Heading into the 2014 electoral cycle, the five PACs have a combined $2,045,906 on hand.

Tea Party PAC Money 2013 [2]

Tea Party PAC


Itemized Individual Contributions

Unitemized Individual Contributions

Individual Itemized Contributors

Total Itemized contributions

FreedomWorks for America Super PAC*






FreedomWorks PAC






Patriot Super PAC*






Tea Party Patriots Citizens Fund *






Tea Party Patriots Inc. PAC






Tea Party Express






By comparison, during the 2009-2010 cycle, national Tea Party PACs brought in $8,373,285, and in the 2011-2012 period they had receipts of $34,553,844.

National Tea Party PAC Money 2010-2013

One quarter of the way into the 2013-2014 cycle, and national Tea Party PACs raised nearly half of what they brought in during the last off year election cycle. In other words, national Tea Party PACs are well on their way to matching the amount raised during the last non-presidential election cycle.

2013 Tea Party PAC Contributions

Contribution data from the Federal Elections Commission further undercuts the Tea Party “Astroturf” argument. Of the five different Tea Party political action committees, 82% of contributions ($3,577,259 in total) were from an unidentified number of individual, un-itemized contributions. Un-itemized PAC contributions are supposed to be under $200. Even assuming a donations at the maximum un-itemized level of $200, that’s nearly 18,000 donors.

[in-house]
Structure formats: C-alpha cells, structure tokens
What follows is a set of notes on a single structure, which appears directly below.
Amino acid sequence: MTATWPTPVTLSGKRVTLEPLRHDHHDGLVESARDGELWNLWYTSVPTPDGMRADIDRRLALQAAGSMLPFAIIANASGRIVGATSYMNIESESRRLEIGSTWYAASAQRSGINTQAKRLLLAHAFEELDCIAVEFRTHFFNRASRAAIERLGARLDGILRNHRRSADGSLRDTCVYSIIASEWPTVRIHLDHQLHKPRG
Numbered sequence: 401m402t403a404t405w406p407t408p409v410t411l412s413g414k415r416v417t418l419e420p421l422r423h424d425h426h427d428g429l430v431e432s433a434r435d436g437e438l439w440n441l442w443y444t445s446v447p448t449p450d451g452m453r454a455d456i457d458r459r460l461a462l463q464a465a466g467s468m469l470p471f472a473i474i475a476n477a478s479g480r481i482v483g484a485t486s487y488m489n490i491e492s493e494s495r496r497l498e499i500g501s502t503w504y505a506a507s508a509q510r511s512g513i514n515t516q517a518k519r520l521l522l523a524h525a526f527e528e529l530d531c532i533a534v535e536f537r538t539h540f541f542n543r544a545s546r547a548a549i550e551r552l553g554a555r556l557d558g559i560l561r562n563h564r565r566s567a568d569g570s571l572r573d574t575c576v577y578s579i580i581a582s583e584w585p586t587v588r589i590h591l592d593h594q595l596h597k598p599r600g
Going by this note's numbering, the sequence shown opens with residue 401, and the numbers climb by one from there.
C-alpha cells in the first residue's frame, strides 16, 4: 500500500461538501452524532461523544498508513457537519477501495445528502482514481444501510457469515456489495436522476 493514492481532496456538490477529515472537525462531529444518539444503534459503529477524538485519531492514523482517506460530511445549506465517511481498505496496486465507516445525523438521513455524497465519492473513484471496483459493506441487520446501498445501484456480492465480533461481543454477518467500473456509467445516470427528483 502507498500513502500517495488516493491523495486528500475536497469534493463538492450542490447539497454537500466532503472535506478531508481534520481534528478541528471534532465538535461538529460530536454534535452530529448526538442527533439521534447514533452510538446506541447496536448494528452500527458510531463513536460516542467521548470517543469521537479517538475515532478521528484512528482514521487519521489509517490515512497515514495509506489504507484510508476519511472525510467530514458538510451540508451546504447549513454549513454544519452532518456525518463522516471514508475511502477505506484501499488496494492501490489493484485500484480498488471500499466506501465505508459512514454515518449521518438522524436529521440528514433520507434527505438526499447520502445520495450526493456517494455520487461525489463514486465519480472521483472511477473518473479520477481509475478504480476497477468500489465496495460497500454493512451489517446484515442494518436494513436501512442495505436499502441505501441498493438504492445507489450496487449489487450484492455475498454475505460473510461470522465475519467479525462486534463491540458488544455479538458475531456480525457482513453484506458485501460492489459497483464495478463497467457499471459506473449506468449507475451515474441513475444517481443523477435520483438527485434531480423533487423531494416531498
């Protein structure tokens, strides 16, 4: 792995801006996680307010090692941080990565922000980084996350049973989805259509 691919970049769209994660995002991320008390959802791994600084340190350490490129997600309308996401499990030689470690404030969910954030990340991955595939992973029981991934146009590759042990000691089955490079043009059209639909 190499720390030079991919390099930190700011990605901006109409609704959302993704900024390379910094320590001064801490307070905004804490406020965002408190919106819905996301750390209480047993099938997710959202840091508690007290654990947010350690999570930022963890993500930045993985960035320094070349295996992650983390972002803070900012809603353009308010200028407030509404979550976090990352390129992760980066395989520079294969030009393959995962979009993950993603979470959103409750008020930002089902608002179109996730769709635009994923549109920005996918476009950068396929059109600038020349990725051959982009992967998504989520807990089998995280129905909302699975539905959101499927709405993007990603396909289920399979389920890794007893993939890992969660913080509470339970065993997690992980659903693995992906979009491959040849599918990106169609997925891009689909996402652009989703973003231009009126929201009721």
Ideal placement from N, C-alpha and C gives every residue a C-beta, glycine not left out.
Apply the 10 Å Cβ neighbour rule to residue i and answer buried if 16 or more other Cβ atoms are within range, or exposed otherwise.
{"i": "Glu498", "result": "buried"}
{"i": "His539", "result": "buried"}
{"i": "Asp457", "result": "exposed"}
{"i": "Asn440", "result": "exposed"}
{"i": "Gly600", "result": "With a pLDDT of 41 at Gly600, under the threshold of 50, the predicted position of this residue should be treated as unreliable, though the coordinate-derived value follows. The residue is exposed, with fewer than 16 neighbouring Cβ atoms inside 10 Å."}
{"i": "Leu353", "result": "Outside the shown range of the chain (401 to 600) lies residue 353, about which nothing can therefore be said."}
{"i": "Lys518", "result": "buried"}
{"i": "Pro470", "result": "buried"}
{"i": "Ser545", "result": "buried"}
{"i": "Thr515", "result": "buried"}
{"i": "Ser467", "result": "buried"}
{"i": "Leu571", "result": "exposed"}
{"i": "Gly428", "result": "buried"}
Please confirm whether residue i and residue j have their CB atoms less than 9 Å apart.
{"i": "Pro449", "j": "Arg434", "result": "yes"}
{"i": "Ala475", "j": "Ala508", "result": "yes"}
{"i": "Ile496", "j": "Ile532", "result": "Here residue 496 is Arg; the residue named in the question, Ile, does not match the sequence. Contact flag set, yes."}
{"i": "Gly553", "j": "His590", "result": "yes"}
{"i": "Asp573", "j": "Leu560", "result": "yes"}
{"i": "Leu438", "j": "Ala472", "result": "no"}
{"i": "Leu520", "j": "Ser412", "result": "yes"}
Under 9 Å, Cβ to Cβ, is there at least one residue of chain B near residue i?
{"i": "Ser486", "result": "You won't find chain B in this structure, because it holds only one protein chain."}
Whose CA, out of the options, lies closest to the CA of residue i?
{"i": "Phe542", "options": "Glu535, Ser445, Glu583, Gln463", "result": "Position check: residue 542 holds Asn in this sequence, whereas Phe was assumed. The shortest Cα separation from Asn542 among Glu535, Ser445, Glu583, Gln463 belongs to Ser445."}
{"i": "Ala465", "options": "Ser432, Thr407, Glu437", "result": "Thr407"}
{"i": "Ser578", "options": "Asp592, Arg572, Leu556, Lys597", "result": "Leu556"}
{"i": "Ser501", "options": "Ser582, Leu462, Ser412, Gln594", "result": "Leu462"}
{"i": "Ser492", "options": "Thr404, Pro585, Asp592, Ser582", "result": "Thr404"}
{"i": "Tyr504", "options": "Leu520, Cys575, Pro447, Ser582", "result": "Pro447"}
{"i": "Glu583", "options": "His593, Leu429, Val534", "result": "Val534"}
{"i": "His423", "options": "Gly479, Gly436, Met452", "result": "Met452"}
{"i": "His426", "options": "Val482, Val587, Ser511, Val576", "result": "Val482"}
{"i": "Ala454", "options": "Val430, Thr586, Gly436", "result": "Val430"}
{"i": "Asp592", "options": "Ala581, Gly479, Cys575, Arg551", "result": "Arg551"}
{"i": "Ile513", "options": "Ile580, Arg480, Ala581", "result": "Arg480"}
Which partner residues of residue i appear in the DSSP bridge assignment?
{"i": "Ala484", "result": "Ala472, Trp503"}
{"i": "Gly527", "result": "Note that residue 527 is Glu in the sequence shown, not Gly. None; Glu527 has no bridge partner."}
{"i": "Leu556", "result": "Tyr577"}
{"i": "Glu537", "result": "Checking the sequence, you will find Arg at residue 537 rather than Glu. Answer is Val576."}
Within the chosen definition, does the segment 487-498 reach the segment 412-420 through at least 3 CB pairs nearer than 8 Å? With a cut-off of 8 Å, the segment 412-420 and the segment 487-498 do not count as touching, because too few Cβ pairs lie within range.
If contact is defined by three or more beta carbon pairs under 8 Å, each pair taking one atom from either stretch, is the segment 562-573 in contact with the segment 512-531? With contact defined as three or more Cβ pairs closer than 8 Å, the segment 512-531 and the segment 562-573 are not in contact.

The remaining 18% of Tea Party PAC contributions were made by 1559 individuals from every state and the District of Columbia. California narrowly beat out Texas for the largest number of donors, with 223 different donors in California and 222 in Texas. Florida was third with 102.

The South had the highest regional concentration of donors. Top cities include: Houston, Texas (31); Dallas, Texas (17); San Antonio, Texas (11); New York, New York (11); Las Vegas, Nevada (10); Midland, Texas (8); Naples, Florida (8); and San Diego, California (8).

Tea Party Contributor Occupations

Setting aside the 803 donor records that do not list an occupation, the leading occupation among donors to the national faction-affiliated Tea Party PACs is “retired”—with 54% of those listing an occupation (409 of 756). [3] The next largest occupation group was “homemaker” at 2% (17 total), followed by “engineer” and “farmer” at just under 2% (14 and 13 total).

Tea Party Super PACs

There has been considerable discussion about the role of Super PACs and their impact on American democracy. A study by Demos and the U.S. Public Interest Group found that in 2011, 93% of the itemized contributions raised by all super PACs came in contributions of $10,000 or more, with more than half of this money coming from just 37 people who each gave $500,000 or more.[4]

While one Tea Party Super PAC was the recipient of largess from mega-donors during the 2012 electoral cycle, the available 2013 contribution data for Tea Party Super PACs does not find the same mega-donor patterns at work. Contrary to public perception, there were no Koch brother contributions or big corporate money bankrolling the Tea Party Super PACs in 2013.